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IN THE NEWS | Could another United Nations peacekeeping mission be on Haiti’s horizon?

A man carries a child past Haitian National Police attempting to repel gangs in a neighborhood near the presidential palace in Port-au-Prince. Richard Pierrin/AFP via Getty Images

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On July 27, surgeon David Vanderpool woke before dawn. Making as little noise as possible, he climbed into a car with an armed guard and, with a second vehicle following for safety, drove 20 miles on bumpy roads from a ministry base in Thomazeau, Haiti, to a nearby airport. There, a small cargo plane was waiting to fly him home to the United States.

In Haiti today, these security measures are crucial—including the cargo plane, which Vanderpool said allows him to pass surreptitiously through a less visible area of the commercial airport. Even with its long history of violence and instability, Haiti may have reached a new low: In April alone, more than 600 people were killed amid gang ­violence, according to the United Nations. Around 300 women and children were ­kidnapped in the first half of this year.

When Vanderpool landed in the United States, he heard the news that aid worker Alix Dorsainvil and her young daughter had been kidnapped from a medical clinic in Port-au-Prince by an armed gang that same day. The Christian nonprofit El Roi Haiti reported on Aug. 9 that the American nurse and her daughter had been freed after nearly two weeks in captivity.

The U.S. State Department has classified Haiti as a “level 4 country,” advising U.S. ­citizens not to visit under any circumstances. With the United Nations considering an international peacekeeping mission, help for Haiti may finally be on the way. Average Haitians want relief from gang violence, but some fear the peacekeeping effort may be too little too late.

Vanderpool, founder of the Christian aid ministry LiveBeyond, understands firsthand the terror Haitians experience. In 2015, while living in Haiti, his wife escaped a failed kidnapping attempt. In 2018, two of LiveBeyond’s team members, citizens of India, were kidnapped and tortured. Vanderpool negotiated their release with gang leaders after four days (without paying a ransom, he said).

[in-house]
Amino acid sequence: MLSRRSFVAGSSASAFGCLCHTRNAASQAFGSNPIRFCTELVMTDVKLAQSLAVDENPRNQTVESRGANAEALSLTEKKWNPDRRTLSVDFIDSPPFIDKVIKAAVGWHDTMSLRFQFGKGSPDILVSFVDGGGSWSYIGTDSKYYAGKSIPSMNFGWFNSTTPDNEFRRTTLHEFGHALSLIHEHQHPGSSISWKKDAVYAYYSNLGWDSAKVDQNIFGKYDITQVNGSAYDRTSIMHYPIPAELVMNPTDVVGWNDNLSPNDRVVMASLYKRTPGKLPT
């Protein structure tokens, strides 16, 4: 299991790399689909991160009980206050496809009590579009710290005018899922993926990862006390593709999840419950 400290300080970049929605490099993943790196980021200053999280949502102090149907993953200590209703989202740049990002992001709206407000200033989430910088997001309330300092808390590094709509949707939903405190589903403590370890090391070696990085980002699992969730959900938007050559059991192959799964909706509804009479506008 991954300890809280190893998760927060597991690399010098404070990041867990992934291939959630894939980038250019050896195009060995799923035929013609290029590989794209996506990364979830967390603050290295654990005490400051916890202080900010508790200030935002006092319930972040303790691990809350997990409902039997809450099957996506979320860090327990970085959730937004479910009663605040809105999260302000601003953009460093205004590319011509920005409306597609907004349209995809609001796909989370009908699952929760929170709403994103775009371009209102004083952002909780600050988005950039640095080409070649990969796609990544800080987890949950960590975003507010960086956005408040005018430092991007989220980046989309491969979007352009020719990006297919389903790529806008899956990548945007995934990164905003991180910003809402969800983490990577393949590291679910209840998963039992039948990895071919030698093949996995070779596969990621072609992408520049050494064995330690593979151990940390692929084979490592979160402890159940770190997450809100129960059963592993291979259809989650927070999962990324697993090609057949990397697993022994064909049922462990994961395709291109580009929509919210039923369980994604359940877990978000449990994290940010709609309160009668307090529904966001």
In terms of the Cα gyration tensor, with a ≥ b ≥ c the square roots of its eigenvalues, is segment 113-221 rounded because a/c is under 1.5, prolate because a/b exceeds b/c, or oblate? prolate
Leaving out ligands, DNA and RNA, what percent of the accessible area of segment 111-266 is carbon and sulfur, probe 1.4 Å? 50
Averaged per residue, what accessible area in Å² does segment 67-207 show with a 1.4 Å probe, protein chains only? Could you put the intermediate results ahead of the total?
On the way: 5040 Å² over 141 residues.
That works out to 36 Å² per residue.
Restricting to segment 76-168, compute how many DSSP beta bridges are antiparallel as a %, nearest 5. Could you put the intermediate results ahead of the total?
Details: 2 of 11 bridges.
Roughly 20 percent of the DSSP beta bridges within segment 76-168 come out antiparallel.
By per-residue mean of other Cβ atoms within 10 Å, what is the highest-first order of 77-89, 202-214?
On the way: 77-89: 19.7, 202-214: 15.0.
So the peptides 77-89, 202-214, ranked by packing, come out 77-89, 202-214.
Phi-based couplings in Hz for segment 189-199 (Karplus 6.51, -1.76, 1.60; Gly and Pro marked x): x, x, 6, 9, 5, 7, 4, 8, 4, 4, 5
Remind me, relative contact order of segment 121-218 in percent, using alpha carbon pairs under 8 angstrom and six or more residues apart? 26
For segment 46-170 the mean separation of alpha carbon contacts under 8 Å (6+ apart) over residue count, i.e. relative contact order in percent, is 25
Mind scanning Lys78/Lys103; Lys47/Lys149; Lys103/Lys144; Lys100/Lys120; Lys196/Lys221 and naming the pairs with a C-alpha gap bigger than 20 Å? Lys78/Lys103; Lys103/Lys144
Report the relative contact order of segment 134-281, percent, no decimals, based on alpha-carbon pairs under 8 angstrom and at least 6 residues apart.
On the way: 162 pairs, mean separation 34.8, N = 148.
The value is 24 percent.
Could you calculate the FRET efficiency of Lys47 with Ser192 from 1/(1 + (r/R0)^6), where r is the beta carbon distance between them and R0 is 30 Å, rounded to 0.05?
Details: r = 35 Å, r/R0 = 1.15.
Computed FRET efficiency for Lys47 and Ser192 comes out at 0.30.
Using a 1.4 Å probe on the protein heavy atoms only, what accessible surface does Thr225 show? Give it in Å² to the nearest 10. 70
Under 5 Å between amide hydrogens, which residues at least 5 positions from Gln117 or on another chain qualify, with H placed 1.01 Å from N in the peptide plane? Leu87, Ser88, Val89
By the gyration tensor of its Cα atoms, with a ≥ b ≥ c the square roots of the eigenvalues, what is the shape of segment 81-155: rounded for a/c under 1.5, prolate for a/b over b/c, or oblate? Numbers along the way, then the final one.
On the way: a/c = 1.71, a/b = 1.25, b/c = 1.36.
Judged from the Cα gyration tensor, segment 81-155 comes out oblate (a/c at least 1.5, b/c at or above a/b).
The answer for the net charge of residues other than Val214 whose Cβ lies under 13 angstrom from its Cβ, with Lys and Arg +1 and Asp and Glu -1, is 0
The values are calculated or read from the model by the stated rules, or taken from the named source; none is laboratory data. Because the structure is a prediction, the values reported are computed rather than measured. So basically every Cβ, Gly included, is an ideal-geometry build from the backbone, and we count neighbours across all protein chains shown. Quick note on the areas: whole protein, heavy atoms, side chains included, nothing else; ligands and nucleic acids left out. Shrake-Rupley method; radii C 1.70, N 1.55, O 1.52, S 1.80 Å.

He moved his family out of Haiti in 2019, but at least once a quarter Vanderpool still tries to visit LiveBeyond’s base in Thomazeau, run by local Haitian personnel, to provide moral support. His visits are never announced in advance: “It’s very hush-hush. If somebody puts it on social media, that could be the death knell for me.”

As long as you’re having police coming in to protect a repressive government, you’re going to have more repression.

The UN ended a previous peacekeeping mission in Haiti in 2019 even as the country was collapsing. The 2021 assassination of President Jovenel Moïse significantly exacerbated the problems. Gangs have outmatched police and are kidnapping rich and poor alike for ransom. They are also accessing higher grade weapons, including belt-fed machine guns.

Haiti’s Prime Minister Ariel Henry has appealed for international intervention for months. In late July, Kenya’s Foreign Ministry announced the country’s willingness to lead an international police force to Haiti. Kenya offered to send 1,000 police ­officers to “help train and assist Haitian police [to] restore normalcy in the country.” U.S. Ambassador to the UN Linda Thomas-Greenfield quickly announced the United States would introduce a resolution authorizing the force, but not everyone is in favor.

Brian Concannon, executive director of the Institute for Justice & Democracy in Haiti, a human-rights advocacy group, opposes the mission in its current form. Concannon says during the previous mission, from 2004 to 2019, UN peacekeepers used excessive force that killed civilians, engaged in sexual assaults and exploitation, and sparked a cholera outbreak that killed around 10,000 Haitians. Concannon fears such abuses may be repeated.

Protesters on Aug. 7 try to flip a car to block a street during a protest against insecurity in Port-au-Prince.

Protesters on Aug. 7 try to flip a car to block a street during a protest against insecurity in Port-au-Prince. Odelyn Joseph/AP

He argues a UN force would prop up the current government, which he said was installed via corrupt elections and cooperates with the gangs. “As long as you’re having police coming in to protect a repressive government, you’re going to have more repression.”

Boby Sander, who lives in Port-au-Prince and serves as the Haiti country director for the Christian aid organization Food for the Hungry, is less concerned about legitimate government. His biggest fear is whether Kenyan police officers can match the firepower of Haitian gangs. He’d like to see a strong military intervention—what he called “boots on the ground.”

Sander said that of his local staff of around 60 people, seven have left for America. He understands why they don’t want to stay in Haiti. “People need something to give them hope.”

Meanwhile, Haitians who cannot leave are desperate for help against the armed criminals. Vanderpool said LiveBeyond polled 1,000 people in its area and 98 percent favored a U.S. ­military intervention.

Near Thomazeau, expectant mothers are too afraid of gangs to travel to LiveBeyond’s hospital in the evenings to give birth. The typical delivery rate of five to six babies each day during the hospital’s night shift has dropped to about one per week. “That means they’re delivering at home,” said Vanderpool. “And that means a lot of babies are dying. It means a lot of the mothers are dying.”


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